|MIT Undergraduate Departments|
|Programs Offered:||Major, Double Major, Minor|
|Department Head:||Jaime Peraire|
|Undergraduate Administrator:||Marie Stuppard|
|UROP Coordinator:||Manuel Martinez-Sanchez|
Aerospace Engineering is a course of study offered by MIT's [Aeronautics and Astronautics Department], otherwise known as Course 16-1.
Overview and History
MIT's undergraduate program in aeronautical engineering, Course XVI, began in 1926, under the auspices of the Department of Mechanical Engineering.
The Course 16 major requirements are as follows:
Students must take all of the following:
• Unified Engineering I (12 units): 16.001
• Unified Engineering II (12 units): 16.002
• Unified Engineering III (12 units): 16.003
• Unified Engineering IV (12 units): 16.004
• Introduction to Computers and Engineering Problem Solving (12 units): 1.00
• Principles of Automatic Control (12 units): 16.06
• Dynamics (12 units): 16.07
• Probabilistic Systems Analysis (12 units): 6.041
Professional Subject Areas
All Course XVI students must take 48 units, the equivalent of four classes, from the subjects listed below. For the 16-1 major, at least 24 of these units must be from those listed under the Aerospace Engineering heading. Additionally, students must choose from classes in at least three different professional subject areas.
• Aerodynamics: 16.100
Materials and Structures
• Structural Mechanics: 16.20
• Introduction to Propulsion Systems: 16.50
• Computational Methods in Aerospace Engineering: 16.90
Aerospace Information Technology
Estimation and Control
• Feedback Control Systems: 16.30
• Introductory Digital Systems Lab: 6.111
• Real-Time Systems and Software: 16.35
• Communication Systems and Networks: 16.35
Humans and Automation
• Human Factors Engineering: 16.400
• Principles of Autonomy and Decision Making: 16.410
Unified Engineering is an intensive program which all Course 16 students must take during their sophomore year. It consists of four classes worth of material rolled into two semesters of 24 units each. The material focuses on fundamental topics of aerospace as an introduction to the major. These include fluids, structures and materials, propulsion, thermodynamics, signals and systems which are all taught in parallel. The class meets every morning for two hours and is taught by a team of faculty, each who is an expert in one of the material fields. Although the format of the class varies slightly from year to year, students can expect problem sets every week with approximately ten problems covering material from each of the focus areas and numerous tests. The tests in this class are generally one hour each and focus on one subject area, although most often they are given two or sometimes even three (if the professors are experimenting with class format) back to back in the two hour class period.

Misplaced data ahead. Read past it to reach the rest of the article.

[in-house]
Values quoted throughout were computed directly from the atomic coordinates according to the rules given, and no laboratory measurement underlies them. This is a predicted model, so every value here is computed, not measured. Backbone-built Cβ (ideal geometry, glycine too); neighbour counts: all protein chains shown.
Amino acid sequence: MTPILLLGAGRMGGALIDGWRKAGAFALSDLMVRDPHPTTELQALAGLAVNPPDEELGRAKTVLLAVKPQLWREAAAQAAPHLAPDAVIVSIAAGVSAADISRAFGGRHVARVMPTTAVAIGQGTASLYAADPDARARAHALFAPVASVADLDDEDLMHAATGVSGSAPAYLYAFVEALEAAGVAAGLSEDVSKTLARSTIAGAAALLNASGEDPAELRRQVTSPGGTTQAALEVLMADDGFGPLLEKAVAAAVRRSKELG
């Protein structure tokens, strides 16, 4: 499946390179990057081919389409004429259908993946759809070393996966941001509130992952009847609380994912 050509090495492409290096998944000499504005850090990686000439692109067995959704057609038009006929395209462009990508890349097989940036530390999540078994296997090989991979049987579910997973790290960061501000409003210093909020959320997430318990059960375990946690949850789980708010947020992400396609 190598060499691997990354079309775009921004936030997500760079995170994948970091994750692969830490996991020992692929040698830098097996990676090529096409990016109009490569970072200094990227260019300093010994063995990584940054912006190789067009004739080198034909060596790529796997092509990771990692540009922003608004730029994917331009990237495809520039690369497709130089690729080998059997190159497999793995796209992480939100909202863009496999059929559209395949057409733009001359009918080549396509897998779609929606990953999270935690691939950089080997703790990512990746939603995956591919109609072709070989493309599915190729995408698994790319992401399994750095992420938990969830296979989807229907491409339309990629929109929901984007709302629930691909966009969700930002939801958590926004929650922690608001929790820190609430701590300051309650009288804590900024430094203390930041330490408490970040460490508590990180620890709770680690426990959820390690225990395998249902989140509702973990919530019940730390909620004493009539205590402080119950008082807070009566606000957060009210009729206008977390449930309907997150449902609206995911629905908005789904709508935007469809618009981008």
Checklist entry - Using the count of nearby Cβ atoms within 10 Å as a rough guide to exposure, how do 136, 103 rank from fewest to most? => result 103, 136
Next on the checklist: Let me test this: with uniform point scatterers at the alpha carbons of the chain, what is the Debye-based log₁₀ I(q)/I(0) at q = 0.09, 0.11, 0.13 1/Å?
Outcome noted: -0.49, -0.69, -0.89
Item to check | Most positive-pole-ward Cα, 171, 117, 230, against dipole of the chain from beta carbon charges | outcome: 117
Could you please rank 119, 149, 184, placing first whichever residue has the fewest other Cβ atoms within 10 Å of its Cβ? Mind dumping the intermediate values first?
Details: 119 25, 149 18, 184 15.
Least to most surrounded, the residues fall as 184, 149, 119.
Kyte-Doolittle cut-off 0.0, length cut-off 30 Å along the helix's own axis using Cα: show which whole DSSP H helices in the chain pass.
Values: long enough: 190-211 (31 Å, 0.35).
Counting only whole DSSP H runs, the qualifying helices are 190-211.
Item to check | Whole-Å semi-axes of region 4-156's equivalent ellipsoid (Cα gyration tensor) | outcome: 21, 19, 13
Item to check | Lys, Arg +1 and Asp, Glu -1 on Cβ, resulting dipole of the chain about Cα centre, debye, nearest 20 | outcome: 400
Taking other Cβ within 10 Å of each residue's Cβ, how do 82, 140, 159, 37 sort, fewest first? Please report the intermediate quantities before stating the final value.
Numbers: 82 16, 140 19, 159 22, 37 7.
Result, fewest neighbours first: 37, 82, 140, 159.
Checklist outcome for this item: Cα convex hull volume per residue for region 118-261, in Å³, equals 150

Unified also has a laboratory component. During the first semester of the class, students design and build water rockets from 2L soda bottles and compete to see which can go highest and carry the most payload. Another popular lab is the GE Challenge. In this assignment, real industry engineers from GE Aviation present a jet engine design problem and students work in teams to solve it. The teams must then present to the GE employees and are critiqued on their design providing a taste of real world experience to the sophomores. At the end of second semester, Unified wraps up by hosting a flight competition in which students work in small teams to design, build, and fly remote controlled planes which are scored based on parameters such as empty weight, max payload weight, and max speed. This lab challenges students to combine all that they have learned during the year into their design.
Unified is considered by many to be on of the more challenging classes at MIT because of its density of material and workload. While it is not for the faint of heart, the class does provide a comprehensive introduction to the aerospace field necessary for moving forward. Also, the class makes Course 16 unique in the fact that all new students are taking the same subjects at the same time which allows for strong bonds to form between students and their classmates. These bonds are infinitely helpful during junior and senior year when classes get harder. Unified also allows students to interact extensively with faculty. There are numerous office hours held by both professors and graduate TAs, and it is not uncommon to see professors walking through the Unified Lounge spontaneously and stopping to answer questions.